party.” Walker v. Darby, 911 F.2d 1573, 1577 (11th Cir. 1990) (citation omitted).
“[T]he nonmoving party may avail itself of all facts and justifiable inferences in the
record taken as a whole.” Tipton v. Bergrohr GMBH-Siegen, 965 F.2d 994, 998
(11th Cir. 1992). “Where the record taken as a whole could not lead a rational trier
of fact to find for the non-moving party, there is no genuine issue for trial.”
Matsushita Elec. Indus. Co., Ltd. v. Zenith Radio Corp., 475 U.S. 574, 587 (1986)
(internal quotation and citation omitted).
“The elements of a breach-of-contract claim under Alabama law are (1) a
valid contract binding the parties; (2) the plaintiff’s performance under the contract;
(3) the defendant's nonperformance; and (4) resulting damages.” Shaffer v. Regions
Financial Corp., 29 So.3d 872, 880 (Ala. 2009) (internal quotes omitted). The
uncontroverted evidence shows the existence of a contract between Vision Bank and
FP Management; Vision Bank's performance under the contract by lending FP
Management $2,180,000.00; FP Management’s non-performance by failing to repay
the borrowed sums and other amounts within the time and other terms set forth in
the Note; and Vision Bank's resulting damage from FP Management’s nonpayment. The uncontroverted evidence thus establishes all elements of Vision
Bank’s claim against FP Management, and FP Management offers no defense. The
plaintiff is therefore entitled to summary judgment as to Count One of its
“Every suit on a guaranty agreement requires proof of the existence of the
guaranty contract, default on the underlying contract by the debtor, and
nonpayment of the amount due from the guarantor under the terms of the
guaranty.” Delro Industries, Inc. v. Evans, 514 So.2d 976, 979 (Ala. 1987). The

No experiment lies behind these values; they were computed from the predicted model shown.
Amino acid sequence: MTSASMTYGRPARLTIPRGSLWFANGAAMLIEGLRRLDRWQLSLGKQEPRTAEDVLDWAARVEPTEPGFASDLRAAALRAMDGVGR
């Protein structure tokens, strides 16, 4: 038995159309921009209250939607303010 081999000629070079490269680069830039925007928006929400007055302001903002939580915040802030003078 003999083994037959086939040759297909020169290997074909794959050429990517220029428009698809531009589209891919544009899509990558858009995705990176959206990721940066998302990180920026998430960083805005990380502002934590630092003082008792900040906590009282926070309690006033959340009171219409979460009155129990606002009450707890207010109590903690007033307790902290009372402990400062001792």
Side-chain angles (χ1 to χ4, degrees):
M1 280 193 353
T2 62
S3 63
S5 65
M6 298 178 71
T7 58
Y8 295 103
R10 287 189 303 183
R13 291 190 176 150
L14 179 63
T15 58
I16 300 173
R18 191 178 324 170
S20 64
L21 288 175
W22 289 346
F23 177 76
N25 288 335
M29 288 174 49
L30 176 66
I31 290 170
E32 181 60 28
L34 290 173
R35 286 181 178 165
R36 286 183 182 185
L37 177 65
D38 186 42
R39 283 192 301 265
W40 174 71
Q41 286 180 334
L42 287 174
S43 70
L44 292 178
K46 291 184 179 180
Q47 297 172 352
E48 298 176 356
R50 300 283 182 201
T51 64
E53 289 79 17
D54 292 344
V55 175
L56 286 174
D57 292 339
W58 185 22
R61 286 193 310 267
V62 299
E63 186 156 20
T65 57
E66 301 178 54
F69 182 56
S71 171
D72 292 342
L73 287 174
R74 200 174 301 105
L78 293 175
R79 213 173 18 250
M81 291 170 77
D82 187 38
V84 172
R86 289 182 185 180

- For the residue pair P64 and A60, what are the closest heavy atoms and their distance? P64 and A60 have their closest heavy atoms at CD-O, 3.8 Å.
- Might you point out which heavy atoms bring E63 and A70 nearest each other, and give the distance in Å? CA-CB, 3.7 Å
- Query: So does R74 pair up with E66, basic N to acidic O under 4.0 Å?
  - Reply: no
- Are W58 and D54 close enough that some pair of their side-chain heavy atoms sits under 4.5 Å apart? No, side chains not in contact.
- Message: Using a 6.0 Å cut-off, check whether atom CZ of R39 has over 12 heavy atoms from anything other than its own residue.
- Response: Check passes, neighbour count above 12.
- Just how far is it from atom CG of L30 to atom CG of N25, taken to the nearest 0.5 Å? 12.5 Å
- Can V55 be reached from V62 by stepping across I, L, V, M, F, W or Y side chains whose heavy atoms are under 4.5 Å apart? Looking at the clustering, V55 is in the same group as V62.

uncontroverted evidence shows the existence of four guaranties by the guarantors
listed, supra; FP Management’s default on the underlying contract; and non-
payment by the guarantors. The uncontroverted evidence thus establishes all
elements of the plaintiff's claims against the guarantors, who offer no defense.
Vision Bank is therefore entitled to summary judgment as to Count Two.
For the reasons set forth above, the plaintiff's motion for partial summary
judgment as to Counts One and Two is hereby GRANTED.1
DONE and ORDERED this 13th day of December 2011.
/s/ Callie V. S. Granade
UNITED STATES DISTRICT JUDGE
A final determination of Count Three of Vision Bank's complaint (asserting a cause of
action for accounting and inspection) remains pending, as no party has moved for judgment on or
dismissal of that claim. Accordingly, the court declines Vision Bank's invitation to enter final
judgment at this time pursuant to Rule 54(b) of the Federal Rules of Civil Procedure. See Doc.
31 at 1. If Vision Bank does not intend to pursue the remedy alleged in Count Three, it should so
inform the court.